WORKSHOPS FOR EMERGING ARTISTS

This year we had over ten workshops for emerging artists, including The Artist’s Voice with Tom Soares, Monologue Intensive with Sharon Bajer, and Devising from the Real World with FemFest artist Norah Paton! We also had our Coffee with a Pro mentorship series, pairing emerging artists with a pro in the field to talk shop over coffee. In 2018, we had sessions like Dramaturgy with Brian Drader, Playwriting with Ellen Peterson and Ginny Collins, and Producing with Brenda McLean! We also hosted our “Mental Health in Theatre” Panel back in November, starting an important dialogue we hope to continue.

SHARING THE STORIES OF UNSTOPPABLE WOMEN

Full cast at dress rehearsal

Our International Women’s Week Cabaret of Monologues saw the stories of incredible women living through riots, learning to teach yoga as a senior, accepting their true selves, and conquering all odds. New work was created by up-and-coming stand-up comic Anjali Sandhu as well as trans advocate Cynthia Fortlage. Aboriginal artist Kristy Janvier traveled from Flin Flon to present a new piece. We also welcomed Joanna Hawkins of 100 Decibels to perform a solo mime work. This was also our first year offering ASL interpretation.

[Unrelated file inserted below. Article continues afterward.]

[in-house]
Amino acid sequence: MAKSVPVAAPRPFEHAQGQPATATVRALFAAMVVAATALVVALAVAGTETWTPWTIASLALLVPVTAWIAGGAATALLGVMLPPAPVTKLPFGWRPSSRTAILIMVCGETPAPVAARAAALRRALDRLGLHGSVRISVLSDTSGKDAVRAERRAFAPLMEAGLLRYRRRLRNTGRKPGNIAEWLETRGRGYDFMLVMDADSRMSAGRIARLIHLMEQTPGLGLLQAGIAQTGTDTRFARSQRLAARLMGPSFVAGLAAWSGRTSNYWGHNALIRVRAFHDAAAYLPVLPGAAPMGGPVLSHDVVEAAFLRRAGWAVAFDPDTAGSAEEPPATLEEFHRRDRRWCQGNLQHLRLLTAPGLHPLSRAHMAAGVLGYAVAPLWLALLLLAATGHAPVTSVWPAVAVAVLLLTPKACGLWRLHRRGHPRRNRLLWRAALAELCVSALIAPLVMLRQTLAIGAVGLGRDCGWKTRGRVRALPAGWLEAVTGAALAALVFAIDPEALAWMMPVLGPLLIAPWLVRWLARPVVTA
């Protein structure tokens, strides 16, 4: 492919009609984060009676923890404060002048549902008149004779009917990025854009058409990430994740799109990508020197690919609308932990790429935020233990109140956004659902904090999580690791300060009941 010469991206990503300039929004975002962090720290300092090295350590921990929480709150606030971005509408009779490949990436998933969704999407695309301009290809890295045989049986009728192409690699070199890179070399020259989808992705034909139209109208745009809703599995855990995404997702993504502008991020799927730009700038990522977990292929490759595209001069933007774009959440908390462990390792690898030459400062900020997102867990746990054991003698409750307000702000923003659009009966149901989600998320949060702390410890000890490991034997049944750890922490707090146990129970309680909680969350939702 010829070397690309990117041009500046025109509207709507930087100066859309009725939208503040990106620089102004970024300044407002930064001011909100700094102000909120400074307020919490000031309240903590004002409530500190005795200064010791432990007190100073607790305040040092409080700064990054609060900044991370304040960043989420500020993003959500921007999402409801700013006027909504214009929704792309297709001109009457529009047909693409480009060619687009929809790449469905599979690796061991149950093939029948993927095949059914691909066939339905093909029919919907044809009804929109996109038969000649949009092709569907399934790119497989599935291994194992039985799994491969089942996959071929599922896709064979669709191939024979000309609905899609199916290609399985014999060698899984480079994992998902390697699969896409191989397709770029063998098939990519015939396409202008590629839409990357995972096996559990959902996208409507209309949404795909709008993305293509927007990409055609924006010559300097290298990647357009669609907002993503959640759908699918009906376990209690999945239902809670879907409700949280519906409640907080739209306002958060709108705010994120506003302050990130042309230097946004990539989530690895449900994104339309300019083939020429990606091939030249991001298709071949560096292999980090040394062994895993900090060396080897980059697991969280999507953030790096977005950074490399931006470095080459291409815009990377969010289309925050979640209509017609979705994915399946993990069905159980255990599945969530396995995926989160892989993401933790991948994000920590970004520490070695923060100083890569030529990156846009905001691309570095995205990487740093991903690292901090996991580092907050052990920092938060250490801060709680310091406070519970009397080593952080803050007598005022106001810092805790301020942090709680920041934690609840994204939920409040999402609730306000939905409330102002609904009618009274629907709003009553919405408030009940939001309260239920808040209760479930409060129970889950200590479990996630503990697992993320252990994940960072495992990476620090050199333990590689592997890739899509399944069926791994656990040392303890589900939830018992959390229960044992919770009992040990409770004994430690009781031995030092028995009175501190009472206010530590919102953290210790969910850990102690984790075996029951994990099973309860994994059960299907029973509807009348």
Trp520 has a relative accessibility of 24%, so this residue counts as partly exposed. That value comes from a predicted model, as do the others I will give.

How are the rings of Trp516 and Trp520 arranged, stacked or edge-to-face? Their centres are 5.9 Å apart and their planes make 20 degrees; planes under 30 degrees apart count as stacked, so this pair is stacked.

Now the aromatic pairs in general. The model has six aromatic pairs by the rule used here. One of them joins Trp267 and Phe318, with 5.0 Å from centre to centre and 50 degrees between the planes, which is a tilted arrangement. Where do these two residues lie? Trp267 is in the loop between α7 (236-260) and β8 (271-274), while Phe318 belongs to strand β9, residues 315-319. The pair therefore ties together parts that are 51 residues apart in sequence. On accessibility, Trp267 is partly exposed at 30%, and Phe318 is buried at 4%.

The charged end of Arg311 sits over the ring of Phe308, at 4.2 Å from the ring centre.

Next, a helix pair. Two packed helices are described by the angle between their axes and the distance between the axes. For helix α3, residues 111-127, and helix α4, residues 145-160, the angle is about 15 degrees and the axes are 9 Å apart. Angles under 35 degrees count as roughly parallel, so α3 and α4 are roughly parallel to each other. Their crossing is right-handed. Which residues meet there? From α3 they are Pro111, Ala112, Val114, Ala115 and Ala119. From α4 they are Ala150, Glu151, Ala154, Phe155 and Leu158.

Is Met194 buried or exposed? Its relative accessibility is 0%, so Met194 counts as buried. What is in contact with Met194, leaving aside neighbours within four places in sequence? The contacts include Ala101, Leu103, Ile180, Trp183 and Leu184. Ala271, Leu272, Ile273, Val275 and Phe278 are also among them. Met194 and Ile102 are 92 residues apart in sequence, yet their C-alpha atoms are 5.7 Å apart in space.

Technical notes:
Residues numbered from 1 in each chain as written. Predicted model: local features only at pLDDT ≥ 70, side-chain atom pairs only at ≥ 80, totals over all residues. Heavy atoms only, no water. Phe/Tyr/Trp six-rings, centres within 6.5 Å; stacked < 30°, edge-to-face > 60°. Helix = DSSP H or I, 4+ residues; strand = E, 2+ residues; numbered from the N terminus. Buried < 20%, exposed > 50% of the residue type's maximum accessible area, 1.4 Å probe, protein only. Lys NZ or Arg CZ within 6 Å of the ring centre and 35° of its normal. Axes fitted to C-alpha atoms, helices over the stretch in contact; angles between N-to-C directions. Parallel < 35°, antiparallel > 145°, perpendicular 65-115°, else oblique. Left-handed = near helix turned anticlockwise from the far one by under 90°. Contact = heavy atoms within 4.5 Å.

WORKSHOPS FOR NORTH END YOUTH

This year, we brought theatre workshops to the students of Gonzaga Middle School and Children of the Earth High School, where students currently don’t have access to drama programs. Students were taught the basics of playwriting, directing, improvisation, and set design.

NEW BEGINNINGS ON STAGE

Two years ago, we began a series of workshops and community interviews, hearing from newcomers and immigrants to Canada about their experiences with resettling in a new country. In May of this year, we got to bring those stories to life with the world premiere of New Beginnings, featuring a blend of dance, film, and theatre. An interactive touring show focusing on youth experiences, Home 2.0, launched in the fall! Over 4,700 youth and teachers across Manitoba were exposed to the work that helped promote empathy and understanding.

PUTTING THE ‘FUN’ IN FUNDRAISING

We got to try something a little different this year with a spring fundraiser produced and organized by Delta Hirsch. It was a sit-down dinner at Forth that paired Perogies and Puns! Local comedians Mike Green and Angie St. Mars tickled funny bones while chef Keith Csabak treated folks to five courses of gourmet perogies. Then in November, we brought back our annual Women’s Comedy Night Fundraiser for its third year! Elissa Kixen of WOKE Comedy Hour produced this incredible event showcasing a diverse line-up of women comics.

FEMFEST CELEBRATES 16 YEARS!